This is my 25th year as a YA librarian, which means that it is the 25th summer reading program that I have planned. I have worked in several systems and have experiences several different approaches to summer reading. And, of course, I have spent 25 years listening to my peers talk about their experiences in their library systems. I have to be honest with you, there is a lot that concerns me. I’m not sure we’re doing right by our staff when it comes to summer reading.

Many public libraries put a lot of emphasis on summer reading programs. It’s our bright shining moment. SRPs help prevent summer slide, a real thing. We spend a lot of time, money, energy and resources focused on this part of our programming. It’s stressful. It’s time consuming. It can be a make or break deal for a lot of library systems, which means its a make or break deal for a lot of youth services librarians.

A book with summer in the title

A book with summer in the title

There are, of course, benefits:

1. Helping with that summer slide issue is a real and true thing.

2. Especially during the beginning of summer, a lot of teens now have some free time so it’ can help them fill up that free time and get them into the library.

3. Parents are always looking for things to do with their kids during the summer to help fill all those newly freed up hours and it is no doubt good pr because it makes parents happy

But SRPs can be incredibly hard on staff.

Some libraries, for example, have really long SRPs and have a rule stating that youth services staff can’t take vacation during SRP. This means that if you are a parent of school aged children who also works with youth in the library, you can’t take vacation during the only time of year that your kids can take vacation. And this rule almost always only applies to youth services staff because most public library summer reading programs focus on children and teens (though, for the record, my current library system has a very strong and robust adult summer reading program as well).

Another book with summer in the title

Another book with summer in the title

I understand why libraries have these rules in place. Most libraries don’t have enough staff and trying to allow staff off for vacations during your biggest yearly event can be difficult. Of course, there’s also the flip side where you’re trying to beg your brother who lives in another state to please not get married in June because getting the time off would be incredibly hard. For the record, I did get the time off, but it was not easy and there were long lasting hard feelings. And goodness forbid someone have a serious illness or injury during the summer months because absolute chaos can ensue.

As staff begin to realize the very real limitations that come with summer and working in youth services, it can be one of the most reviled parts of the library system to work in. Staff starts defecting for other departments because everyone wants a summer vacation. Youth services staff become resentful because they realize that other departments are not subject to the same rules and restrictions. I know a lot of genuinely gifted and passionate librarians who have left youth services for other departments because of the stress and demands that are put on youth services compared to other departments. We have lost some of our best and brightest because of burn out.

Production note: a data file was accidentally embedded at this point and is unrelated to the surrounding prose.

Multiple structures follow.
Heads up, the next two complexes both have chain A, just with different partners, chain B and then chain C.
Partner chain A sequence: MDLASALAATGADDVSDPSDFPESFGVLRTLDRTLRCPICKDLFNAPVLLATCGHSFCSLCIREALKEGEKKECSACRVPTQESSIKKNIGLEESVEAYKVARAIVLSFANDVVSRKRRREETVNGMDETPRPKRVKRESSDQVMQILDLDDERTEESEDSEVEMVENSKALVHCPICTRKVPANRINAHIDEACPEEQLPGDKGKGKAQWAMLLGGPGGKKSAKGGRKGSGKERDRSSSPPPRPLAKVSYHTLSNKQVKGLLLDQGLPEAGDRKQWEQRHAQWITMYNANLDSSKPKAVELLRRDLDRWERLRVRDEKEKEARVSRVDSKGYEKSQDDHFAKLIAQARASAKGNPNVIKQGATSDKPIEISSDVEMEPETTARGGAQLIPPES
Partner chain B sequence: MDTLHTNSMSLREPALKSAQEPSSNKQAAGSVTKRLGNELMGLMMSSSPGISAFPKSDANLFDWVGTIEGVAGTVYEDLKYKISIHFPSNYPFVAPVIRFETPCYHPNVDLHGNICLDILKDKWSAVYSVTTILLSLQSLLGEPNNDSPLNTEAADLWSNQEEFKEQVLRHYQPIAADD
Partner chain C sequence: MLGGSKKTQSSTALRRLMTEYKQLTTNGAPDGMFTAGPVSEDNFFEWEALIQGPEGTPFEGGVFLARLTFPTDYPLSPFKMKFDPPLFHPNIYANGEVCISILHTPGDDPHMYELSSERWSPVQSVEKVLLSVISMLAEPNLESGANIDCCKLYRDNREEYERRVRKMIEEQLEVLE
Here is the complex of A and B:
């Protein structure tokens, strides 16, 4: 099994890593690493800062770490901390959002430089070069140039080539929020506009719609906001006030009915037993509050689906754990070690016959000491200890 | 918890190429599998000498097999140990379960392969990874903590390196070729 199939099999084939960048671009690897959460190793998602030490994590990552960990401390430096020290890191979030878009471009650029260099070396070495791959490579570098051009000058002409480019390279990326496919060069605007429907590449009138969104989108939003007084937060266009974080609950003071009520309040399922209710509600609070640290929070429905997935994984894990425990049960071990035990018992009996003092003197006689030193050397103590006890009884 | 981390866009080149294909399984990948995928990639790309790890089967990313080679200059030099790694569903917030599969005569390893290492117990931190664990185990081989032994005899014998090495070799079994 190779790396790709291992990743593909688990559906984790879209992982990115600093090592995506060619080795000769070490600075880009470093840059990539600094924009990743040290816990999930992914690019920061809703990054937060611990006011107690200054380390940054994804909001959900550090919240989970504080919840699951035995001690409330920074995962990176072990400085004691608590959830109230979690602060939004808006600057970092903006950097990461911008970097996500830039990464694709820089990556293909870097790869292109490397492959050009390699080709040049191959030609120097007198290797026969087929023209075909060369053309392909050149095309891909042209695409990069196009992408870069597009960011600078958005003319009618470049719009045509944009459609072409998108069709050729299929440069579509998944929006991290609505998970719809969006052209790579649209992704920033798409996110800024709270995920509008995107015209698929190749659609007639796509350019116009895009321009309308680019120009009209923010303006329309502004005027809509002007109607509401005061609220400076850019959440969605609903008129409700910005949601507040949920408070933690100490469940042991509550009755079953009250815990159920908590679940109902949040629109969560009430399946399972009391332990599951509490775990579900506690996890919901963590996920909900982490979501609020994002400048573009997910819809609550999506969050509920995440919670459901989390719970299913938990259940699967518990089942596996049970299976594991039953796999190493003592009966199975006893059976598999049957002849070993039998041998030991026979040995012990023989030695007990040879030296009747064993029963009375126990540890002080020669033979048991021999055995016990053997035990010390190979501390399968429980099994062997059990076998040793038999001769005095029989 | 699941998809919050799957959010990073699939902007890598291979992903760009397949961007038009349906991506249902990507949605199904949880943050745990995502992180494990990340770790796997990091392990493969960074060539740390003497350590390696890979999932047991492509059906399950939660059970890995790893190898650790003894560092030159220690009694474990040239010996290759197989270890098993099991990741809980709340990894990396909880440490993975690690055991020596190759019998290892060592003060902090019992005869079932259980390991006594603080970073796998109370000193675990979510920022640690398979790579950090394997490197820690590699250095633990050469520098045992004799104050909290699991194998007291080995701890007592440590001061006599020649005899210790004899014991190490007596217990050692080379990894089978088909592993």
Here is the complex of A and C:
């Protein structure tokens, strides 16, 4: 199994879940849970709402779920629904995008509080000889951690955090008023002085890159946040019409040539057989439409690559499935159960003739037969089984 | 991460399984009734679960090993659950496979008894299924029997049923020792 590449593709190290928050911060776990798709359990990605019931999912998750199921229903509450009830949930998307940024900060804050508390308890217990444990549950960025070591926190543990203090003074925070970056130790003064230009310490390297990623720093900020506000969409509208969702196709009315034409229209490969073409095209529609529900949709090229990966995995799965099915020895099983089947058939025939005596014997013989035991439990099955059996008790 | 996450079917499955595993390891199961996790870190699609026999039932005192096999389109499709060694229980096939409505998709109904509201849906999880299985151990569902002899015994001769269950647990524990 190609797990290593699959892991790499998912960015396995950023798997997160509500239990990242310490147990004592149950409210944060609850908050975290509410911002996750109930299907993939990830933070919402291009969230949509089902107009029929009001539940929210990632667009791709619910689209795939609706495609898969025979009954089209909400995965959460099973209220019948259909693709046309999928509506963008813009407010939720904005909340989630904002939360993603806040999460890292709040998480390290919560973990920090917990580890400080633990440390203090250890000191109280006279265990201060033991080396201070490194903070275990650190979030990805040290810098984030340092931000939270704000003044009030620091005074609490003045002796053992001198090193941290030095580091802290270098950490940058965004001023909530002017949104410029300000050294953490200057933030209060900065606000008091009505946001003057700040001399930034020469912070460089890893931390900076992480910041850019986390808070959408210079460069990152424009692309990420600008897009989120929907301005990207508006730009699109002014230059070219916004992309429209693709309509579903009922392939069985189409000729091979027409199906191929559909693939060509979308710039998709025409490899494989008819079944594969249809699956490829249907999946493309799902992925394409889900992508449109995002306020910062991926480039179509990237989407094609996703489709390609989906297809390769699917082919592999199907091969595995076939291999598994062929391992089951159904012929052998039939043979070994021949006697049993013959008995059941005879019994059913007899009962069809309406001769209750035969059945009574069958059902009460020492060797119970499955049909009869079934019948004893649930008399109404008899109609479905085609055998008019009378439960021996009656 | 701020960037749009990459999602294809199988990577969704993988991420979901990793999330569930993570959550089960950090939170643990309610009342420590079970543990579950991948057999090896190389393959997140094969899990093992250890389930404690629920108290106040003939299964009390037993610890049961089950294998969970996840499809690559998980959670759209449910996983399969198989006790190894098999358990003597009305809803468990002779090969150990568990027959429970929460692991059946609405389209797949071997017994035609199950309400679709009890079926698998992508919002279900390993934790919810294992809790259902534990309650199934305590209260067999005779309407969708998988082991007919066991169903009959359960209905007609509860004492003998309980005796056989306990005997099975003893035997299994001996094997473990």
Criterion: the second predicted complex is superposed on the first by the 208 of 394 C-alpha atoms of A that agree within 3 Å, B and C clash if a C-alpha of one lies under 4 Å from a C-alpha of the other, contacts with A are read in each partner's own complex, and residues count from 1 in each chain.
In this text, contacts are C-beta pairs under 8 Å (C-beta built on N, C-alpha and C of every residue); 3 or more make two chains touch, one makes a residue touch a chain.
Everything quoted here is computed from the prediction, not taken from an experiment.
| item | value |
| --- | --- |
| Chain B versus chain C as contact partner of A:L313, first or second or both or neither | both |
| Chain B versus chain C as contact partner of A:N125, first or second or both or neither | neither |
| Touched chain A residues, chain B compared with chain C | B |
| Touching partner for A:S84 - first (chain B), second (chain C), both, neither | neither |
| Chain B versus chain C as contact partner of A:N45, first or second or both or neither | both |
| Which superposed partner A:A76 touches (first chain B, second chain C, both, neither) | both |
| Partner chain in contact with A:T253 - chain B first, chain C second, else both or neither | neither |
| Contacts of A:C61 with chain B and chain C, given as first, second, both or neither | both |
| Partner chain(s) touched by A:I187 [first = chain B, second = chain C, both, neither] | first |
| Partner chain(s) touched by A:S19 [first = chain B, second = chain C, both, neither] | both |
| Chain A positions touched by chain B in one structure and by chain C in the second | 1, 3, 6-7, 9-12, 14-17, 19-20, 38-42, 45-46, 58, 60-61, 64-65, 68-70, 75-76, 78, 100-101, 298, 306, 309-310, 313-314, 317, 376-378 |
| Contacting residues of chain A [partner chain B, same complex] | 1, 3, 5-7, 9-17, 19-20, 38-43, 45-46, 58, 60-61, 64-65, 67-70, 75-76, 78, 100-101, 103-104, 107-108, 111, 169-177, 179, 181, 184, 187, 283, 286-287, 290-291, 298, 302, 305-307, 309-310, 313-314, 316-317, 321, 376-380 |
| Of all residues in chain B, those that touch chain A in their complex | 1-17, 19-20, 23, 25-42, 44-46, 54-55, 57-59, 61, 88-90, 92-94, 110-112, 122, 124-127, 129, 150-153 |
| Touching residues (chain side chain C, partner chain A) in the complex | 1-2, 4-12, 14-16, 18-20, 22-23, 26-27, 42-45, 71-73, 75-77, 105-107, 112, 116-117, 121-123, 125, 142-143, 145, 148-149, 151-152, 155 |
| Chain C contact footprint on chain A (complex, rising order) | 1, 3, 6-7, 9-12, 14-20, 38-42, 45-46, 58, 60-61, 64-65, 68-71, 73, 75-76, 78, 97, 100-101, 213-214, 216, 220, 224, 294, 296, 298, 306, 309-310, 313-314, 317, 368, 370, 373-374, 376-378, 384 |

I often wonder, too, about the amount of time and money that goes into summer reading program compared to the rest of the year. Some libraries spend literally thousands of dollars on summer reading and are forced to find ways to do programming throughout the rest of the year for little or zero dollars. There are, after all, only so many crafts you can do with all the toilet paper rolls from the bathroom. And I can’t help but think it has to be a let down for all those kids and teens to come out of an amazing summer reading program and then be asked to come back in September for a program where we make whatever it is we’re making with that discarded toilet paper roll. There’s a bit of an inconsistency in how we present ourselves to the public when we are pouring all of our time, energy and resources into only three months of the year and then trying to make ends meet the other nine months of the year. I’m not convinced that it sends the message we want to be sending.

Hey look, another book with summer in the title

Hey look, another book with summer in the title

And yes, I know not all libraries are the same. Some of them are better staffed, better funded, and are better equipped to do knock your socks programs all year round. Some are staffed in ways that allow vacation during the summer. But the reality is, for a lot of libraries, summer reading programs are where it’s at. But this presents some very real challenges for staff. They’re being asked to maintain a year round participation that is being elevated by an influx of money, resources and marketing for a yearly event. They are being asked to commit themselves emotionally and physically often in unrealistic ways for this three month period of the year. They’re being asked, often demanded, to forego family reunions and family vacations in the only time of the year when families can go on vacation. In many of our library systems, the stakes are too high for our youth services departments during the summer.